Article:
Such incidents don't seem to be opposed by the government or officials, but instead they seemed to have gathered support. Report by Nina Burleigh quotes Egyptian Salafi preacher Ahmad Mahmoud Abdullah, who said "women protesting in Tahrir Square 'have no shame and want to be raped."
After revolution, about 50% of women have reported more harassment. 44% said that harassment remained is same as it was before, while, over 58% of men surveyed have told that harassment has been increased after revolution.
Eid al Fitr assaults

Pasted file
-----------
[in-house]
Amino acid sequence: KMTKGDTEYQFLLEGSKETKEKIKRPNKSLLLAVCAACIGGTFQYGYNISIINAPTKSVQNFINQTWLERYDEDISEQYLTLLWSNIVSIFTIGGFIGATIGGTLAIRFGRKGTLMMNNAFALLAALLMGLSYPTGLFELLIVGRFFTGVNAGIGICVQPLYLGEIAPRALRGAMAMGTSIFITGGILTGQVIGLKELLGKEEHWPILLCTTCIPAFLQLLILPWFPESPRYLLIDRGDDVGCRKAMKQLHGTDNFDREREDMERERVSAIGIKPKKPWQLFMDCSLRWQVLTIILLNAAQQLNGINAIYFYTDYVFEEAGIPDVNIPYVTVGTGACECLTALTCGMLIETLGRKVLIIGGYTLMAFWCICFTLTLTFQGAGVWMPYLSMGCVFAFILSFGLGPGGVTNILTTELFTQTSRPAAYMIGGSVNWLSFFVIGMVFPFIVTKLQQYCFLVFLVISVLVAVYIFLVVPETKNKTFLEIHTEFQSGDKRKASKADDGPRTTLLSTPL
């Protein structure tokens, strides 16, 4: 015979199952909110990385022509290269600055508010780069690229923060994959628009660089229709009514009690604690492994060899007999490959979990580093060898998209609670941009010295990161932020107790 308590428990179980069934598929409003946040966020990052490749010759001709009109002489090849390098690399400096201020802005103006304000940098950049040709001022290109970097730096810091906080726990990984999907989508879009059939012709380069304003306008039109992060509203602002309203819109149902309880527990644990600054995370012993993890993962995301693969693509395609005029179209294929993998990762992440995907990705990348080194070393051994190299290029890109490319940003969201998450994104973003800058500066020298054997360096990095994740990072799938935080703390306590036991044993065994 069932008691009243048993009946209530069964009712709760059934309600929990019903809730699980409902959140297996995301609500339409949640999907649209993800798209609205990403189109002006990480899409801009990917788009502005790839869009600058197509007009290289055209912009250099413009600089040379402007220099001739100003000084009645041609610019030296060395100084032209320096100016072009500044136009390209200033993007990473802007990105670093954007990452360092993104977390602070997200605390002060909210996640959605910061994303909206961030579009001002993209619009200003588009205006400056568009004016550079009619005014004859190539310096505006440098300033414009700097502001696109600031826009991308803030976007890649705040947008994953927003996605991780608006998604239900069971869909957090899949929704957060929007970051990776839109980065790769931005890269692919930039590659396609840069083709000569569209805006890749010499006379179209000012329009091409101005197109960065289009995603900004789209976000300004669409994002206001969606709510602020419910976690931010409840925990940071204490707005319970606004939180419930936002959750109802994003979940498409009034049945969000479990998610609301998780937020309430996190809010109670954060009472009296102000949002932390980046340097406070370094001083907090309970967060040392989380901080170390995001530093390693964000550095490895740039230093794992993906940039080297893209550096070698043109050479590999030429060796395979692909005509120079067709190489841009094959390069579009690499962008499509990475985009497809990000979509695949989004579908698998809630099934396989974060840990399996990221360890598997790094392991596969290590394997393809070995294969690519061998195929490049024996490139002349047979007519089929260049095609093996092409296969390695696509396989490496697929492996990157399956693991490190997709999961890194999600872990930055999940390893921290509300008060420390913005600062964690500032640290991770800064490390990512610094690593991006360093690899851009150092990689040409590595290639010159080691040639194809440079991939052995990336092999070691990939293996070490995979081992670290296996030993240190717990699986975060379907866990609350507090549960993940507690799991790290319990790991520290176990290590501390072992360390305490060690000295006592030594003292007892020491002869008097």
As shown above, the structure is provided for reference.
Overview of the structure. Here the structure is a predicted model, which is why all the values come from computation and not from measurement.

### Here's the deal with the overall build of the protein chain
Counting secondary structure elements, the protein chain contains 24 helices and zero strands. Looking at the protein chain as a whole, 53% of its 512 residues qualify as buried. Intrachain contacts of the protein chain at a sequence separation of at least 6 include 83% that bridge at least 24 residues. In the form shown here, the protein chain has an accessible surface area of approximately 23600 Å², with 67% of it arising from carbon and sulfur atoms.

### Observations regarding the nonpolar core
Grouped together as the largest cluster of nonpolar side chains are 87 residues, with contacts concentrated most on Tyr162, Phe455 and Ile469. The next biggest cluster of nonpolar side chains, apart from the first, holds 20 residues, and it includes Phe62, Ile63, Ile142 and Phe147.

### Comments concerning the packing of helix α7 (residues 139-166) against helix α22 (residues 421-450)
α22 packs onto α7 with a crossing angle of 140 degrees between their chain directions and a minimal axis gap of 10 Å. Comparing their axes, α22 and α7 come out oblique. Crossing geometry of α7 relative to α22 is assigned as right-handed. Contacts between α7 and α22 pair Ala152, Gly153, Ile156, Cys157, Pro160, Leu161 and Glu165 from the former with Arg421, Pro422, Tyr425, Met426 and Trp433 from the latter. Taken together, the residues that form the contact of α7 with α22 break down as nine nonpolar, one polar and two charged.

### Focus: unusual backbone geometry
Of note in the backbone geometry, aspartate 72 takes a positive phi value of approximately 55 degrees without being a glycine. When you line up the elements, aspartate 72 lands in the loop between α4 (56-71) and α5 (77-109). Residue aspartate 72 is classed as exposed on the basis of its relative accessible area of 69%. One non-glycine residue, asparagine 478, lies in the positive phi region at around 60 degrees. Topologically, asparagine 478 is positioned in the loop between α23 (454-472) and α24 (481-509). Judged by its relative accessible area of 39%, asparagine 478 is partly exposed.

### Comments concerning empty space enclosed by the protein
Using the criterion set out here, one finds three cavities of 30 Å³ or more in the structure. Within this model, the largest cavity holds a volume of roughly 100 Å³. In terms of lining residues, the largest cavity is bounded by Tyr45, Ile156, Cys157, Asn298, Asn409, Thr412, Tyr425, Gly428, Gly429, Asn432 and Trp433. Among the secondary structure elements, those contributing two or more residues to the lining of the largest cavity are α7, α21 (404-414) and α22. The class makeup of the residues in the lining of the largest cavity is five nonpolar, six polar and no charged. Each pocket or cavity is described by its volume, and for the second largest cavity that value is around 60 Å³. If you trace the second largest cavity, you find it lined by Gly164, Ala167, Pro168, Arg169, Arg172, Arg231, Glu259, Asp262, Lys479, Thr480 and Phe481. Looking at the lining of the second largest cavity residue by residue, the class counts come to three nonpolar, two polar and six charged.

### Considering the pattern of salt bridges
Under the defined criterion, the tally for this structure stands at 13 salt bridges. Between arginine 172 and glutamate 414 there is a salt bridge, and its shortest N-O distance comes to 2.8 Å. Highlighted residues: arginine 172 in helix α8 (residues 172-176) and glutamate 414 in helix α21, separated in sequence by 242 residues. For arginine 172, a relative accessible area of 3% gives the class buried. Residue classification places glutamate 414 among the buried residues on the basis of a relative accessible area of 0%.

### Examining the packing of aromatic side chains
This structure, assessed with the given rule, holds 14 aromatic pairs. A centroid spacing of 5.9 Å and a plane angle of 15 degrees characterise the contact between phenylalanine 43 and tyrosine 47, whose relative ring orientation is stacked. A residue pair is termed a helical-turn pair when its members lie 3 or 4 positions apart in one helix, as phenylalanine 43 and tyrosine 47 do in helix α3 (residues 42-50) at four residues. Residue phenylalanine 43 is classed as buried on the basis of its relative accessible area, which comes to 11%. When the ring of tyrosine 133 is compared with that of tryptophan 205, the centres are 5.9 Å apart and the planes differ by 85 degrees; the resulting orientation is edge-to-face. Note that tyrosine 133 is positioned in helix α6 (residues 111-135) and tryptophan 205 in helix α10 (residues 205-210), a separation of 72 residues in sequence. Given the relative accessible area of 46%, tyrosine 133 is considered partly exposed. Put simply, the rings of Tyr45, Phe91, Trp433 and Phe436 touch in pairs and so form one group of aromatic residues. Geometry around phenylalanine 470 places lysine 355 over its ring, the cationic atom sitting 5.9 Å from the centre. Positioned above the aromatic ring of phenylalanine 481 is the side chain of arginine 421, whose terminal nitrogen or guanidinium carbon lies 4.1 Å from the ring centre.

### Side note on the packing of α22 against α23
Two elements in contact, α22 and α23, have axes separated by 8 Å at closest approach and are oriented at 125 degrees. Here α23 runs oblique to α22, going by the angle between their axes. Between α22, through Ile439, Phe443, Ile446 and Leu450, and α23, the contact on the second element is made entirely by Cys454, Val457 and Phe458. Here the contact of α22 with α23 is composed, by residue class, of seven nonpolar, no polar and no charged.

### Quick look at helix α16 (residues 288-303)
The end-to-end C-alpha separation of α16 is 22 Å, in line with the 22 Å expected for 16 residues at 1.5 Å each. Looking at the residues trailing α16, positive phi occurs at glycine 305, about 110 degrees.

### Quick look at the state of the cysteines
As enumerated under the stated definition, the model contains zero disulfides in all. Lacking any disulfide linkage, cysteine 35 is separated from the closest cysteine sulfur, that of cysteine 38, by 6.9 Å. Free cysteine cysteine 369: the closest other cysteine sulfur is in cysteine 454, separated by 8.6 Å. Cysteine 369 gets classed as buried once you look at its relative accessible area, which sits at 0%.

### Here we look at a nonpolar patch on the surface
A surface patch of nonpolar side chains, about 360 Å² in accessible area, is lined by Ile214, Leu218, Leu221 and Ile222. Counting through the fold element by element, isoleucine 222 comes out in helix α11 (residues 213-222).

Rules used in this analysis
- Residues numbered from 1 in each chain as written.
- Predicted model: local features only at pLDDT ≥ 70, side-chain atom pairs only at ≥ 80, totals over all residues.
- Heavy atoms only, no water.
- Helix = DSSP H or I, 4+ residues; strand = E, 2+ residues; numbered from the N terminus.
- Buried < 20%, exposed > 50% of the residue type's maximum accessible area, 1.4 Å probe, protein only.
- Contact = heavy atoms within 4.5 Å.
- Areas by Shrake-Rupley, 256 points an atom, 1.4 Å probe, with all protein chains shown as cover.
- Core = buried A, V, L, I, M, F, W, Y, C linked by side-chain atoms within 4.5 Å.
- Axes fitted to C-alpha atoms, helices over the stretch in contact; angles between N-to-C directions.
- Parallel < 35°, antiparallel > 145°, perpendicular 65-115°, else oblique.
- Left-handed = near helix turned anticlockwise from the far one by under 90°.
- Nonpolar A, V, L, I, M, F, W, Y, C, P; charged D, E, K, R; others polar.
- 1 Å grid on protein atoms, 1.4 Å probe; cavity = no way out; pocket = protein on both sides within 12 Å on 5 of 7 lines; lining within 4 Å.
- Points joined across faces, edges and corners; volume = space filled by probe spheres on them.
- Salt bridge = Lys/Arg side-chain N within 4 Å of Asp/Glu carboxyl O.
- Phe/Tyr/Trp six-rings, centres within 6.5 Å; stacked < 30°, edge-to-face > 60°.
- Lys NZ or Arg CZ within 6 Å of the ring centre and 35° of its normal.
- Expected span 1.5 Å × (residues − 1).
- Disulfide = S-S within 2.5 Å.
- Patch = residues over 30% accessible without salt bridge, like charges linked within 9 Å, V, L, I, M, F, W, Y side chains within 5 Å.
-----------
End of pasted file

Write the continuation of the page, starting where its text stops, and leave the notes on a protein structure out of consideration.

There are several accounts of a heightened number of sexual assaults and rapes taking place during Eid al Fitr in 2006 in Egypt, some noting as well the precautions being taken to prevent a recurrence of such problems. Subsequent reports indicate that this phenomenon continues to cause concern, one Egyptian journalist writes, 'The Eid al-Fitr holiday following this year's Ramadan brought its usual share of sexual harassment'. An Egyptian group founded to protect against sexual assaults, 'described Eid al-Fitr as a "season for harassment"', and the prevalence of such attacks 'a trend that has become associated with Eid al-Fitr celebrations in recent years'. Again in 2013, the same allegations surface in Cairo and Tanta. Public discussion of the problem in Egypt has been reported to be difficult. 2014 saw lower rates of attempted harassment, and activists reported women and girls were more confident that assaults would be punished since amendment of the penal code earlier in the year. 6 arrests were reported in Eid.